Carl P. Leubsdorf: Nixon understood what Trump won’t acknowledge

posted in: Politics | 0

A half-century ago this August, a career congressman named Gerald Ford took the presidential oath in the White House East Room, proclaiming, “Our long national nightmare is over. Our Constitution works. Our republic is a government of laws, not of men.”

Ford was able to preside over an unexpectedly smooth transfer of power, marking the end of the two-year Watergate scandal, in large part because his disgraced predecessor, Richard Nixon, respected the institutions of government that produced his downfall and tearfully accepted their verdict.

But the transition was far more fraught with peril when Joe Biden, another career lawmaker, took his presidential oath in 2021 amid an even greater test of the nation’s constitutional underpinnings and, in language akin to Ford’s, declared, “America has been tested anew and America has risen to the challenge.”

In fact, that challenge to American democracy remains ongoing because Donald Trump, unlike Nixon, has refused to this day to respect the constitutional procedures – a free and open election — that ended his presidency.

Instead, he has spent more than three years inaccurately and dishonestly persuading millions of supporters and intimidating timid GOP leaders to believe Biden’s victory was somehow tainted. Even more unfortunately, he is seeking a return to power – and may get it – on a platform of vengeance against all who counted him out or launched the proceedings that led to 88 state and federal felony indictments against him.

Those two contrasting examples came to mind when Trump, not for the first time, made clear how much he disrespects our nation’s legal processes in condemning the 34 felony convictions in his New York hush money trial, the district attorney who brought the charges and the judge who presided over the proceedings.

“These are bad people,” the former president said in what was billed as a press conference but turned into a typical Trump rant. Judge Juan Merchan, he said, “looks like an angel, but he’s really a devil.”

He concluded, again inaccurately, “This is all done by Biden and his people,” falsely blaming the president and Justice Department for a prosecution that, in fact, was brought by the elected district attorney of New York County.

And using words that were far truer than he might have realized, Trump said, “This is a case where if they can do this to me, they can do this to anyone.” He had it backward. As Biden put it later that day in his first comments on the verdict: “The American principle that no one is above the law was reaffirmed.”

In recent years, many people have asked me, as a journalist who covered the Senate during the Watergate era, to compare the two presidents whose flouting of the proprietaries and the laws caught up with them, Nixon via the impeachment process and Trump through the criminal process.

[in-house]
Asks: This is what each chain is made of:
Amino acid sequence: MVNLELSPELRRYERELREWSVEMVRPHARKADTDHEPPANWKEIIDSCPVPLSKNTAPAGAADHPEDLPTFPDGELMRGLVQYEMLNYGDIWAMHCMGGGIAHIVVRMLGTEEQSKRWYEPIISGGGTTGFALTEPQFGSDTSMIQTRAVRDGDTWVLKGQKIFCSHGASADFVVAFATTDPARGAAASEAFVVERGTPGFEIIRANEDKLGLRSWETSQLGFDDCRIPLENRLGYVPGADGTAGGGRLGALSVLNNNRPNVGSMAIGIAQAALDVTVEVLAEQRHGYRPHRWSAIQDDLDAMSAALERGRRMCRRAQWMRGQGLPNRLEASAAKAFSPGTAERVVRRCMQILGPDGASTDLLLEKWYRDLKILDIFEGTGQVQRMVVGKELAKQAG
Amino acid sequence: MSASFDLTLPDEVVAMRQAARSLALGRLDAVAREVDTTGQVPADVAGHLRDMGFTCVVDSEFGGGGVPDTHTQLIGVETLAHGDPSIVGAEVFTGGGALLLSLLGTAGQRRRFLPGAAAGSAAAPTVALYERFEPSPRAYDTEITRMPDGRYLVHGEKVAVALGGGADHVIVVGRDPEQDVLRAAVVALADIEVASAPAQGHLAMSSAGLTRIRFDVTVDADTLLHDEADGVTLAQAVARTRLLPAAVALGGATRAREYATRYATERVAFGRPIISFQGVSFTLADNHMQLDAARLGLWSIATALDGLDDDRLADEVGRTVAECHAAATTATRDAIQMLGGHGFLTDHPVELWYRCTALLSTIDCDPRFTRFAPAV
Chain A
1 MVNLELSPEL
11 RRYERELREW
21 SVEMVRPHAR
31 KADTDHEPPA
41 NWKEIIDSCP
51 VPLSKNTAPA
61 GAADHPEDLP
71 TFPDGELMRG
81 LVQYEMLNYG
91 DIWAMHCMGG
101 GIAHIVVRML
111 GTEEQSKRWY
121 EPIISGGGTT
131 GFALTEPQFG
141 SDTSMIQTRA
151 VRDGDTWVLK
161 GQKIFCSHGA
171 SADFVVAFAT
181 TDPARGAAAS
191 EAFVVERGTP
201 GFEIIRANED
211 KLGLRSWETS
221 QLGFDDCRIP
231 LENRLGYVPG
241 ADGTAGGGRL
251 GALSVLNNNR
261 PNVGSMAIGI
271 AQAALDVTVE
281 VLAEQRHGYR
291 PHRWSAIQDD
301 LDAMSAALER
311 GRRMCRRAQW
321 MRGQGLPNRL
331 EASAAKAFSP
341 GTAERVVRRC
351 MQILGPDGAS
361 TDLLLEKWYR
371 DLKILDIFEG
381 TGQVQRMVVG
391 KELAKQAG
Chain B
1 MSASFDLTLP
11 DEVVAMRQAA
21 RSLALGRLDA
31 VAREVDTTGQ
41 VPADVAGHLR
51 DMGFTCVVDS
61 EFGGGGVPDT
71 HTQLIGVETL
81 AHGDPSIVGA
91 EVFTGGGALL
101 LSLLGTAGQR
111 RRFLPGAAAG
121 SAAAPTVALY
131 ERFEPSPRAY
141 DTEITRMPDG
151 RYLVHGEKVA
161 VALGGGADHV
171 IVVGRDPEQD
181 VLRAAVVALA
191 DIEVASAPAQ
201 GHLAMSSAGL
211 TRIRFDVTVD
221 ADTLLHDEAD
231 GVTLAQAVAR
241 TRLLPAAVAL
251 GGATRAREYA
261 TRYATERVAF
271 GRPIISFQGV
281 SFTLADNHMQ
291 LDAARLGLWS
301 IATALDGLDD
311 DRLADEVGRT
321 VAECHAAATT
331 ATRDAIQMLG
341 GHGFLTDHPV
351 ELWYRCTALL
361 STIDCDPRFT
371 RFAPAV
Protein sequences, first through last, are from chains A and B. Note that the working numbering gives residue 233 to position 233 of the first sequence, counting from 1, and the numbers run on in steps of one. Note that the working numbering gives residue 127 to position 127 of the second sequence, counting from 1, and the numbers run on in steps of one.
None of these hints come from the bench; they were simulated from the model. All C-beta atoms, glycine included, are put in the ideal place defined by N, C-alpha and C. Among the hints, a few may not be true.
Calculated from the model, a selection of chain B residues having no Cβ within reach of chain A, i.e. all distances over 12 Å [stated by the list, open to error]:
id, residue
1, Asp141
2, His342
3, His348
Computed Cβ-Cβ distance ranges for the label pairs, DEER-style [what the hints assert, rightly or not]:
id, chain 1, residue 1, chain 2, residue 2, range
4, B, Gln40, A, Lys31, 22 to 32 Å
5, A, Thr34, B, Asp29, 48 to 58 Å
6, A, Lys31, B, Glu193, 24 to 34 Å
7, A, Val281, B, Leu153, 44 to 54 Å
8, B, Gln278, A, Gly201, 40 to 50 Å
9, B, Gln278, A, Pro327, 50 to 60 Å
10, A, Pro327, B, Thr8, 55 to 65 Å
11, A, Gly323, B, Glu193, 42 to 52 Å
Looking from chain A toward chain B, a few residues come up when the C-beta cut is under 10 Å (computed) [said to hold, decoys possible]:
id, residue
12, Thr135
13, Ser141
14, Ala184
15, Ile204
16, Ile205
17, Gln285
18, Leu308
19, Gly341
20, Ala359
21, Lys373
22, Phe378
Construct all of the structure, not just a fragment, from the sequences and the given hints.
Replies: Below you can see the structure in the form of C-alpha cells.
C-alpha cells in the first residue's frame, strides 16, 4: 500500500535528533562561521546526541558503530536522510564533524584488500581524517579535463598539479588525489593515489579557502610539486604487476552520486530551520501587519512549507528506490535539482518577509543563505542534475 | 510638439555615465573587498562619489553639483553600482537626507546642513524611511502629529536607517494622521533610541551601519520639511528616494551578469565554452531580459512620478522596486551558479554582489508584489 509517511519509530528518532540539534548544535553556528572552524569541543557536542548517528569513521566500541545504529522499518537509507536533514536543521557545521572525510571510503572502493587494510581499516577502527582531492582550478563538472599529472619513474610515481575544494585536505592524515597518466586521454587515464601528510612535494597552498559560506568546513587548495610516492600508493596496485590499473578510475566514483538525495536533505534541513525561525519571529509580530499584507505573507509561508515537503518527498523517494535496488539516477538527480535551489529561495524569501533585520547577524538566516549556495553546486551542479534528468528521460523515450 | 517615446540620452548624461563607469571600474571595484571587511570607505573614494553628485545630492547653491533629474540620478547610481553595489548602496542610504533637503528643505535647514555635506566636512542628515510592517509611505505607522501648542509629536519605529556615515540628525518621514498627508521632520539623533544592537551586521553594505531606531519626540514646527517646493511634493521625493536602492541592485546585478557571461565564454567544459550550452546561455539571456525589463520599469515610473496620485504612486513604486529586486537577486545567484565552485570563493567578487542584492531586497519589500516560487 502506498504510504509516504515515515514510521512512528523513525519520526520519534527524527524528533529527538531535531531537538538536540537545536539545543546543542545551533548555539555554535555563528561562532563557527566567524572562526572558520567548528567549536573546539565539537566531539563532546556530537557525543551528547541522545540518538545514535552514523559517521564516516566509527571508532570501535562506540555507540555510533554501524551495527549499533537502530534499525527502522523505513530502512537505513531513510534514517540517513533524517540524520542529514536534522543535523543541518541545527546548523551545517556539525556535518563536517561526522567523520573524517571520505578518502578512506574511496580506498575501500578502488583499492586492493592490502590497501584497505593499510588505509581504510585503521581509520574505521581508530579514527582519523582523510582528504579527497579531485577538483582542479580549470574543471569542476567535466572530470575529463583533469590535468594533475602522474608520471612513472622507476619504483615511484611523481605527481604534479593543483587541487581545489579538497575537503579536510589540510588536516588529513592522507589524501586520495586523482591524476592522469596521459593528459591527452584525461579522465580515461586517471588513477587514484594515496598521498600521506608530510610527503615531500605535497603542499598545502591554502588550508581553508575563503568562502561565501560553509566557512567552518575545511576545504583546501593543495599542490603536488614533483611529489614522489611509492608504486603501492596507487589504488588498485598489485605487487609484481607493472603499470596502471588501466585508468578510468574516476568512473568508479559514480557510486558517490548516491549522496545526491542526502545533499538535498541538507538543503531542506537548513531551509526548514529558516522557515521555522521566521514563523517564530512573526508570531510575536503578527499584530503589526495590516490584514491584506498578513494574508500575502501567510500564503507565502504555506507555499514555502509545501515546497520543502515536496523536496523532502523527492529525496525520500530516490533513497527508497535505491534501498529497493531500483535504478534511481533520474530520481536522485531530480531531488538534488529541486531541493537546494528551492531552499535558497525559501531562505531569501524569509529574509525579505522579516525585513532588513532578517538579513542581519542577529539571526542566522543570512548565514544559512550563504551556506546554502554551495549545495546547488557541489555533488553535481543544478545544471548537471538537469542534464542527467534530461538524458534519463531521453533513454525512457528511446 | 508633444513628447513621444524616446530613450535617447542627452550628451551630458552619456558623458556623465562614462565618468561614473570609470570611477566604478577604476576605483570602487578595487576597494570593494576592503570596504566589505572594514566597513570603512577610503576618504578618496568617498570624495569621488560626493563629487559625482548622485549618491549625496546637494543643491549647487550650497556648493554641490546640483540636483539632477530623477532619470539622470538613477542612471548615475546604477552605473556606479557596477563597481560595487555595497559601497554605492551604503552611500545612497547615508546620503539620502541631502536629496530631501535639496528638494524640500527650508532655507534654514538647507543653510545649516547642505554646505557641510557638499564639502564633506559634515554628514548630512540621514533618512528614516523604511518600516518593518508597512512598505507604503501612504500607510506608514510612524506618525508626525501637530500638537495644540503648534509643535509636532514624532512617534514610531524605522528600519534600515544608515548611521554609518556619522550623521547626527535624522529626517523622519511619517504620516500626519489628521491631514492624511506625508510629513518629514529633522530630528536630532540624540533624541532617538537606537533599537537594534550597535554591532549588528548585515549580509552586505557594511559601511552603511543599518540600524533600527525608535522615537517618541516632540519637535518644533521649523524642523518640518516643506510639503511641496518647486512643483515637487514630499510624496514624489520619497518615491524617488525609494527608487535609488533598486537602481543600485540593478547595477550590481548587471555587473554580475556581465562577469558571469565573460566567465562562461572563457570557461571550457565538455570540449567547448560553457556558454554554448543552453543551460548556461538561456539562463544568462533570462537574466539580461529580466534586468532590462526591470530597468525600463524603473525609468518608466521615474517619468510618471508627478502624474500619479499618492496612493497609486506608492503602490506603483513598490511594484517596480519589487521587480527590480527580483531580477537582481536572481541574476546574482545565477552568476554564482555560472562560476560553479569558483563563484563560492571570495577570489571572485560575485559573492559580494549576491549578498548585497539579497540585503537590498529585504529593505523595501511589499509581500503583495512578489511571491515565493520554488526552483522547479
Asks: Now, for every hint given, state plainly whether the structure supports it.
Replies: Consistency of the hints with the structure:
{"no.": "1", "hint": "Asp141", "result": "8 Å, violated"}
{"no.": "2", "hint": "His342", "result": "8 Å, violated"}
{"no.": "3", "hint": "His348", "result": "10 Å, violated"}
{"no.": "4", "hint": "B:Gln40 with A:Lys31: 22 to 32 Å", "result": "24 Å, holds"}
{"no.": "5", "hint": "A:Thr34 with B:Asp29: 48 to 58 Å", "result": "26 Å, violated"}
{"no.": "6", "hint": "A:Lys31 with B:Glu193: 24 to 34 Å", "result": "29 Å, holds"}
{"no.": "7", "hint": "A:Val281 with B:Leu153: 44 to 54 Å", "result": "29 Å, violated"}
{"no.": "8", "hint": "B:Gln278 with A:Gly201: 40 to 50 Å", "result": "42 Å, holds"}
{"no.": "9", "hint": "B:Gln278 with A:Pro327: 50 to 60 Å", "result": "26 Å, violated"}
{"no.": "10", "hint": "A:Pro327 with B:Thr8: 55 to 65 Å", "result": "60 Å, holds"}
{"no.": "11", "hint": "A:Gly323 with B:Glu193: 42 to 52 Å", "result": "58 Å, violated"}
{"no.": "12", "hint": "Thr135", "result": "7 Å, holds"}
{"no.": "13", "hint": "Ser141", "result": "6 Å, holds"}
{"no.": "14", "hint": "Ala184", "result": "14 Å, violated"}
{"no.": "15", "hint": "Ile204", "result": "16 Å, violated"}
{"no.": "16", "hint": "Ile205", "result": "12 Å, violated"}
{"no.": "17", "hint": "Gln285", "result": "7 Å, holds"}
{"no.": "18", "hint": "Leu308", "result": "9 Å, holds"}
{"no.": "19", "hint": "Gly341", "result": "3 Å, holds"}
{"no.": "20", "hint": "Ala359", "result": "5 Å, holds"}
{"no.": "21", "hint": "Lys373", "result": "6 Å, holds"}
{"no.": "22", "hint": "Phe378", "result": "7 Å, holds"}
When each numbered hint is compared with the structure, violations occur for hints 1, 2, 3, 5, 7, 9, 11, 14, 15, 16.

Their cases are, of course, not precisely parallel. The institutions of government rendered a final judgment on Nixon, which made it impossible for him to remain as president. The nation’s voters rendered one judgment on Trump’s presidency and one of its judicial institutions another, both of which he might still be able to politically and legally reverse.

But it is hard to imagine Trump ever saying anything like the words Nixon used nearly 50 years ago when he bowed to the inevitable and resigned, noting he no longer had the votes to prevent impeachment in the House and conviction in the Senate.

In his official farewell speech to the nation, he said he was acting to hasten “the start of that process of healing which is so desperately needed in America,” declaring that “if some of my judgments were wrong, and some were wrong, they were made in what I believed at the time to be the best interest of the Nation.”

Then, in a second, more personal speech the next morning, a tearful White House farewell to friends, supporters, staffers and family members, he blamed himself. “Always remember, others may hate you, but those who hate you don’t win unless you hate them, and then you destroy yourself.” Nixon said.

That is a lesson Trump has not yet fully learned, that much of what he rails against was brought on not by his enemies but by his own ego and his disrespect of the nation’s laws and political proprieties – and that his means of dealing with it may not achieve the result he claims to seek.

Indeed, as the contrast between Trump’s reaction to his conviction and Nixon’s reaction to his forced resignation makes clear, Trump has shown by word and deed that he disrespects the legal and the constitutional process — if he truly understands it. Nixon, even while resisting and fighting it, showed ultimately he respected it.

That is why the Nixon-Ford transition went so smoothly and the Trump-Biden one didn’t. And it is why the forthcoming election could result in an even greater threat to our democratic processes should Trump again be defeated and, as he has already suggested, again challenge the result.

Ironically, the fact that he seems likely to spend the next five months railing against his conviction, the courts, the Biden presidency and the unfairness of it is all — instead of offering a positive vision for the years ahead — may ultimately prove decisive in determining that result.

Carl P. Leubsdorf is the former Washington bureau chief of the Dallas Morning News. His email address is

Related Articles

Opinion |

Lisa Jarvis: Boys need the HPV cancer vaccine as much as girls

Opinion |

David French: Civil liberties make for strange bedfellows

Opinion |

Hal Brands: Putin’s shadow war against Europe is intensifying

Opinion |

Andreas Kluth: The U.S. can’t be protectionist and world leader

Opinion |

Mary C. White: Most older Americans who need hearing aids don’t use them. Here’s how to change that

Leave a Reply

Your email address will not be published.